Rapid diagnosis of symptoms is vital to diagnose the cause of ischemia and to decide on the treatment method. Tests for evaluating ischemia include:
Treatment depends on personal circumstances such as age and medical history. The first target in the treatment is to regulate the breathing by normalizing the heart rate and blood pressure. Depending on the severity of your condition, you may be treated with medications, surgery or both.
Ischemic stroke is caused by a blockage due to the accumulation of fat and clot in an artery that supplies blood and oxygen to the brain. Requires rapid treatment; If not treated immediately, blood flow remains blocked, causing brain damage or death. If you think someone has had a stroke, consider the situation with the following in mind:
If the answer to these questions is yes, seek medical attention without wasting any time.
Rehabilitation may be required to regain motor skills and coordination after treatment. Professional, physical, and speech therapy help to restore other lost functions. If you still have a problem after a year, it will probably be permanent. Global ischemia, a more severe form of stroke, occurs when the oxygen flow to the brain stops completely.
It is usually caused by a heart attack, but other conditions such as carbon monoxide poisoning may also be the cause.
Transient ischemic attack (TIA): it is like a stroke that produces similar symptoms but lasts only a few minutes and does not cause permanent damage. Ischemic attack, also called mini-stroke, is temporary but a warning; increases the risk of future stroke. It is caused by a temporary congestion in the brain or a decreased blood flow. The deterioration in the blood supply results in a lack of oxygen in the brain.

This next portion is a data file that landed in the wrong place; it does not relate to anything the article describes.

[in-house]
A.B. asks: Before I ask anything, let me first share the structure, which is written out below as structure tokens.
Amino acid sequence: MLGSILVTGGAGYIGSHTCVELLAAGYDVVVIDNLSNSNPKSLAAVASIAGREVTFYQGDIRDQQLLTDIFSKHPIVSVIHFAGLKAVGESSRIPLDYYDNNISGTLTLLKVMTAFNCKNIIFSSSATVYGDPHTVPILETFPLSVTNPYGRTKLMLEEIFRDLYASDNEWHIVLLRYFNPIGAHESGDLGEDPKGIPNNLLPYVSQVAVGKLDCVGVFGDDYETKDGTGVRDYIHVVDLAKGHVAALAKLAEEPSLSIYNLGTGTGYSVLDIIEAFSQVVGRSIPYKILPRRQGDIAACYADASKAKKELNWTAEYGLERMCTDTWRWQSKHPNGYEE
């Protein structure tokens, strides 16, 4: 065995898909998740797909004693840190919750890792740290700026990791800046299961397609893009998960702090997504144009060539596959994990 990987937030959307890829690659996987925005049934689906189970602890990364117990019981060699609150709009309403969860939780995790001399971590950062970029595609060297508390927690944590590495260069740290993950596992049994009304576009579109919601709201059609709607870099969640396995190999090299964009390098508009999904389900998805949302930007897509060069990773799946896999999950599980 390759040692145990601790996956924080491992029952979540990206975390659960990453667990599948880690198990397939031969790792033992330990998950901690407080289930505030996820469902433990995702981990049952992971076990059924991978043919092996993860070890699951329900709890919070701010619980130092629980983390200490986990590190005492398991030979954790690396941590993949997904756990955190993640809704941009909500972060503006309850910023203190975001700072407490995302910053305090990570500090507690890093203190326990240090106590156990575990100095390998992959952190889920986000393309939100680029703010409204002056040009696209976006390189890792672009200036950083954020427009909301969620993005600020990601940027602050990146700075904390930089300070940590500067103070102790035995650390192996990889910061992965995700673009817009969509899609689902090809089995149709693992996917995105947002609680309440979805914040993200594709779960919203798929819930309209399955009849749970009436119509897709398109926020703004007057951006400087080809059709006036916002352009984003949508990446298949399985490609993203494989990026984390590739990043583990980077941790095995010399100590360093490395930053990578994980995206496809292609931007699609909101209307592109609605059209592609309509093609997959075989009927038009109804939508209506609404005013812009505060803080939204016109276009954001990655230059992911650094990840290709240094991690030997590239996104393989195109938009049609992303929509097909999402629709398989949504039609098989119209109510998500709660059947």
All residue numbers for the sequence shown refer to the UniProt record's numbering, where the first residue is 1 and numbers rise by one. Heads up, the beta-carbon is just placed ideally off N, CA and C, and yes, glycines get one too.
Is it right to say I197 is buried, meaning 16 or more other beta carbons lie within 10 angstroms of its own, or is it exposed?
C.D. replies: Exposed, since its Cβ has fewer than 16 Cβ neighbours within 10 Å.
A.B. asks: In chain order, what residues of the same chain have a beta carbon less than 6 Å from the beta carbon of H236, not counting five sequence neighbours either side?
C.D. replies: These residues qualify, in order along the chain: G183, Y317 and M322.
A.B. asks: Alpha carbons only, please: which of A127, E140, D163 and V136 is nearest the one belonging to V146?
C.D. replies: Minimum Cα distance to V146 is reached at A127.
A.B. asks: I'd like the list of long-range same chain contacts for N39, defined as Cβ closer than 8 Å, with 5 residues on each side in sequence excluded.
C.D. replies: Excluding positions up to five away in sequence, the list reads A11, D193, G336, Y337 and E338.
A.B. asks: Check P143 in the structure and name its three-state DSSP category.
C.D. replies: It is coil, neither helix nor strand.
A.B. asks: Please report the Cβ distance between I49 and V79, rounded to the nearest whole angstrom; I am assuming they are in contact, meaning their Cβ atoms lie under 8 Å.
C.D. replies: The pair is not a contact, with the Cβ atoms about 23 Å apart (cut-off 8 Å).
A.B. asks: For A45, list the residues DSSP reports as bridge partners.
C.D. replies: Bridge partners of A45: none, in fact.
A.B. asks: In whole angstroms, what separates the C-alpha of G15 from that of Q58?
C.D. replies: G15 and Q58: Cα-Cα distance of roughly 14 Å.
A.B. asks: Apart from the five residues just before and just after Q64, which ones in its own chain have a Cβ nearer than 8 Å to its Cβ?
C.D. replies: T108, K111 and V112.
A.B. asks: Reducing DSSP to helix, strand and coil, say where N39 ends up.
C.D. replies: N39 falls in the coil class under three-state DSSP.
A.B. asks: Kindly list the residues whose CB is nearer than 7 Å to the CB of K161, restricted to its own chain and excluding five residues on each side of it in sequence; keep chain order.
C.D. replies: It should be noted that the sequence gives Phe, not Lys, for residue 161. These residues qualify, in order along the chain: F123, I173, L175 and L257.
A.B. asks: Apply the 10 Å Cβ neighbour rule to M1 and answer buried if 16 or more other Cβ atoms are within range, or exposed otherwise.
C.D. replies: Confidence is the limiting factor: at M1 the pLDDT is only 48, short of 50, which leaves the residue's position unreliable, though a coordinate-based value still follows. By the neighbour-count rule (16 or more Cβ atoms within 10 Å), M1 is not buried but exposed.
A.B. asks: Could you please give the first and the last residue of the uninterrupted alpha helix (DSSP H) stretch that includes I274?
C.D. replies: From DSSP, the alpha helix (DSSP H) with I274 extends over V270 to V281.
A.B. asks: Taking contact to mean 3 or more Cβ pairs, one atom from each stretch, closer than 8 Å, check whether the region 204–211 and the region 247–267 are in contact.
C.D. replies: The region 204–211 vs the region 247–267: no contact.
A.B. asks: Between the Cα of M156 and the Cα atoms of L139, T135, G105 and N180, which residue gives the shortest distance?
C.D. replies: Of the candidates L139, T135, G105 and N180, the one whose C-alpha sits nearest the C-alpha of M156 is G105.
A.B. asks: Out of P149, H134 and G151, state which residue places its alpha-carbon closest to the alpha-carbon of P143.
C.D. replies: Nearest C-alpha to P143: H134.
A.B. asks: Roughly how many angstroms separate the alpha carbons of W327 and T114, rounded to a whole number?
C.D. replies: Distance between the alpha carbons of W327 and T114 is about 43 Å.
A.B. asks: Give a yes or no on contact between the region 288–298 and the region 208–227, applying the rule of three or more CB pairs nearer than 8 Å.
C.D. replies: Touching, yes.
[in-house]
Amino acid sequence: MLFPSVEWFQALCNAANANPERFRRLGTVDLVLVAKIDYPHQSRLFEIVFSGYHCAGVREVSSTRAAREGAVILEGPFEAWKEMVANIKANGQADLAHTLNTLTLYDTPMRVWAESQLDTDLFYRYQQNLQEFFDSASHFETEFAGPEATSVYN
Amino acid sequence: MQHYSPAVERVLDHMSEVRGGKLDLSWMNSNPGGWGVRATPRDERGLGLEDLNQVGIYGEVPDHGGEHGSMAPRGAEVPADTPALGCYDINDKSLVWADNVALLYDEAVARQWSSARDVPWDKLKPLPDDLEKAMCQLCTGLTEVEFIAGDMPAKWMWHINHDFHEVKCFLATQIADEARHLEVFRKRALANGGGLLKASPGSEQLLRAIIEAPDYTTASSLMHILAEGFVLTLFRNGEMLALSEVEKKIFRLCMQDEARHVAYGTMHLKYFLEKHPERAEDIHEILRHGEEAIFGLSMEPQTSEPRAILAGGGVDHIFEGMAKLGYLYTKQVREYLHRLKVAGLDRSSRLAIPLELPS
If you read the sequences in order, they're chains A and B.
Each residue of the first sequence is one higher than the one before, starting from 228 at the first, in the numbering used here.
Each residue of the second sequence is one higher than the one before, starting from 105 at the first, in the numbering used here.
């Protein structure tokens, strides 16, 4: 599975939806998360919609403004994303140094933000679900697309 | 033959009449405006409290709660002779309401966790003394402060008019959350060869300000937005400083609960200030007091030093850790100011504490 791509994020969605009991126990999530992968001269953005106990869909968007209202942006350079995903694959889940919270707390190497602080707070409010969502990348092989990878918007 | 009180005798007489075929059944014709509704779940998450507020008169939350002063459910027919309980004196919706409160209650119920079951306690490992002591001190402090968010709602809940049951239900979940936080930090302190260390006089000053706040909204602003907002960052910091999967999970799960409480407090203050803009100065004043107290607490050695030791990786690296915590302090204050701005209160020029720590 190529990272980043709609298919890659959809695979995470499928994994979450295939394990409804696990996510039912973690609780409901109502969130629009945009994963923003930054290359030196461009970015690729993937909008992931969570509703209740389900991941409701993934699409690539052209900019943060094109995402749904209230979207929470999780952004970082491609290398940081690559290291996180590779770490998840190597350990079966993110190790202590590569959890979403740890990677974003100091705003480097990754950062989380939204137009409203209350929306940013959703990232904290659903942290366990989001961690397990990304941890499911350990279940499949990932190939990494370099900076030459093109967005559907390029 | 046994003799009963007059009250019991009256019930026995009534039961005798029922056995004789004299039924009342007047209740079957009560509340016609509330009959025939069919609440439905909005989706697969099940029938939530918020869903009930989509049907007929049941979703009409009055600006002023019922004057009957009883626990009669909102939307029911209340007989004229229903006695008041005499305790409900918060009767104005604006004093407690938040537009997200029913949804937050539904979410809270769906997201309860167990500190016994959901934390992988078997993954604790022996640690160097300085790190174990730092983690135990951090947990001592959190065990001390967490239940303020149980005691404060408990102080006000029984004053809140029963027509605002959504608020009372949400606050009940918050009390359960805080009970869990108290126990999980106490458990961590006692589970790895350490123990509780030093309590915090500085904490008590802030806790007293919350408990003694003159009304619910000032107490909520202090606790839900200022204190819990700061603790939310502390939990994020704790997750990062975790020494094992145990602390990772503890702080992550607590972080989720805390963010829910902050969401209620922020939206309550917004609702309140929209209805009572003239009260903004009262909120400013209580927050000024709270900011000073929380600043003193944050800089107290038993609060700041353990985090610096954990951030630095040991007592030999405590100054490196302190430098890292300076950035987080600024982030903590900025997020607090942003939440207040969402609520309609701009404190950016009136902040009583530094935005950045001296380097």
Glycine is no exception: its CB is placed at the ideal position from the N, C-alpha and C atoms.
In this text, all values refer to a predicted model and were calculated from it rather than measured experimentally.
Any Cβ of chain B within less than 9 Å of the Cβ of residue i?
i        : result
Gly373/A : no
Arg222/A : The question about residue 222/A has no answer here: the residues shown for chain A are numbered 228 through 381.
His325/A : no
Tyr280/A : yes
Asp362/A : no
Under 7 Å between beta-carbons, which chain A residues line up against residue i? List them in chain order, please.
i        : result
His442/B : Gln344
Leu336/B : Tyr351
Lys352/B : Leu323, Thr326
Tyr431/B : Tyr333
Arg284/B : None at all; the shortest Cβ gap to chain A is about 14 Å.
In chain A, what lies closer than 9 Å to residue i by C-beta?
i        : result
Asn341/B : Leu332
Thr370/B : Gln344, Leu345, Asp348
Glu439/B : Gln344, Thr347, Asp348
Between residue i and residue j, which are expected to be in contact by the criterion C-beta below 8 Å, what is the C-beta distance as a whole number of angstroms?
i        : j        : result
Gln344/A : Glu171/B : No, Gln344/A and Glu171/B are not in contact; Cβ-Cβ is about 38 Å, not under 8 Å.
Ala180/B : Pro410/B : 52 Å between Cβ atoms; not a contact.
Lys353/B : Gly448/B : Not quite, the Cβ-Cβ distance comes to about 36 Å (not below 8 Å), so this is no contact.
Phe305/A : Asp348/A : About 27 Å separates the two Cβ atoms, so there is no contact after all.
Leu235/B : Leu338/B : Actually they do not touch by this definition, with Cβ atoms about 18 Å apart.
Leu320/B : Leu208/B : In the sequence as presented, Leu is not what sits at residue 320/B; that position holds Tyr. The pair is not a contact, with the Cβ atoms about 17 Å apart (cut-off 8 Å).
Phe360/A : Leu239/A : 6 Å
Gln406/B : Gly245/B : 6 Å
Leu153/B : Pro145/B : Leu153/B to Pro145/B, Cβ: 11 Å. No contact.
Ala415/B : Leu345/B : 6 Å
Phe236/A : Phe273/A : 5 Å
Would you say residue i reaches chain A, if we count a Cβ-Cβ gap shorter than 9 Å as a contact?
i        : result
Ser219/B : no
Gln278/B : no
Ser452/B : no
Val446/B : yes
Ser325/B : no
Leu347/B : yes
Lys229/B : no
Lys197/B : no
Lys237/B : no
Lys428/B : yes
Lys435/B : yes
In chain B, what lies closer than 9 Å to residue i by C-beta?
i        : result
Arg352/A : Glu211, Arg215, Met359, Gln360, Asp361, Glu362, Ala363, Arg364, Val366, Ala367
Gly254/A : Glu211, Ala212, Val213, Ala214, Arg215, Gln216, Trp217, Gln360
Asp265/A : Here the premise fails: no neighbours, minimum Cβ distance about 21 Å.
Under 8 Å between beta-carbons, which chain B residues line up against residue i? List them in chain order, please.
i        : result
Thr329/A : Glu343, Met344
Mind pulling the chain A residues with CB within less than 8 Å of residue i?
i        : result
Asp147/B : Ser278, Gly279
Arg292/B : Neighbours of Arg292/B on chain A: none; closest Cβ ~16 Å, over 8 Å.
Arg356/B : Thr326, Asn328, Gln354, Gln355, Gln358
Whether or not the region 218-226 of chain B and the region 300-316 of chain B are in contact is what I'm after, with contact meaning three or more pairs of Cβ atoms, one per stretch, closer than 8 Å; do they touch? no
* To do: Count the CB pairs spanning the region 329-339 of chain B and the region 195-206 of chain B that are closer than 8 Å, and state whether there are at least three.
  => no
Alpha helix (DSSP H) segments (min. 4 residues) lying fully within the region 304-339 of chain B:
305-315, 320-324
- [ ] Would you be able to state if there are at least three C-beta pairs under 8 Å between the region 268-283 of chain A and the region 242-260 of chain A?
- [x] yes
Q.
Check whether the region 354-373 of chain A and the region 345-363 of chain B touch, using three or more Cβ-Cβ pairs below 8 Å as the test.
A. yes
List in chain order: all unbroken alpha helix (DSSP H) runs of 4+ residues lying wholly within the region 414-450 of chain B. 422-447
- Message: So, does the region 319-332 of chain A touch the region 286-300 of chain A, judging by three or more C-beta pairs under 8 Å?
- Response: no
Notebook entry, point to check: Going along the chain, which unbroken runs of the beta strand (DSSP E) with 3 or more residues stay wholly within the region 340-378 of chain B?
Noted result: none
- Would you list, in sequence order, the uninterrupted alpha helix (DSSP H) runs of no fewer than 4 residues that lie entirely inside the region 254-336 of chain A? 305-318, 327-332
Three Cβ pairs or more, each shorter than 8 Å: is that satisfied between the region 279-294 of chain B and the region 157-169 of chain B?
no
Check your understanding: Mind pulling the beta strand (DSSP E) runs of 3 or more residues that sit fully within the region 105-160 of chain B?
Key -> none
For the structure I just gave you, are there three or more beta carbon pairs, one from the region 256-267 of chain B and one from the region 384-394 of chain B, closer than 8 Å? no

It may cause sudden symptoms like stroke and visual impairment; drowsiness or weakness in the face, arms and legs. After a short time, the symptoms disappear and the blood flow returns to normal.
Blood clots that prevent blood flow are the most common cause of ischemic stroke and attacks. Blood clots can be the result of arteriosclerosis, heart attack or abnormal heart rhythms. The brain cells are affected within seconds after obstruction and cause severe symptoms in the regions controlled by these cells. Circulatory conditions are the main risk factor for ischemic stroke and transient ischemic attack:
Other reasons include
Transient ischemic attack symptoms are similar to stroke and may start suddenly. Rapid assessment of treatable conditions can help prevent paralysis. If symptoms persist for more than an hour, there is a risk of stroke.
An organ exposed to ischemia is called ischemic. The ischemic organ starts to deteriorate as it does not get the oxygen and nutrients it needs, and this often causes symptoms. If ischemia becomes severe or lasts longer, the cells of the affected organ may begin to die. The death of all or part of the ischemic organ is called infarction.
The hardening of the arteries affects the blood vessels in the body, including arteries supplying blood to the heart and brain. Atherosclerosis affecting the blood vessels in the heart may cause chest pain or heart attack.
After having an ischemic attack, it is more likely that another attack will recur. Knowing risk factors and acquiring a healthy lifestyle is the best thing you can do to prevent ischemia.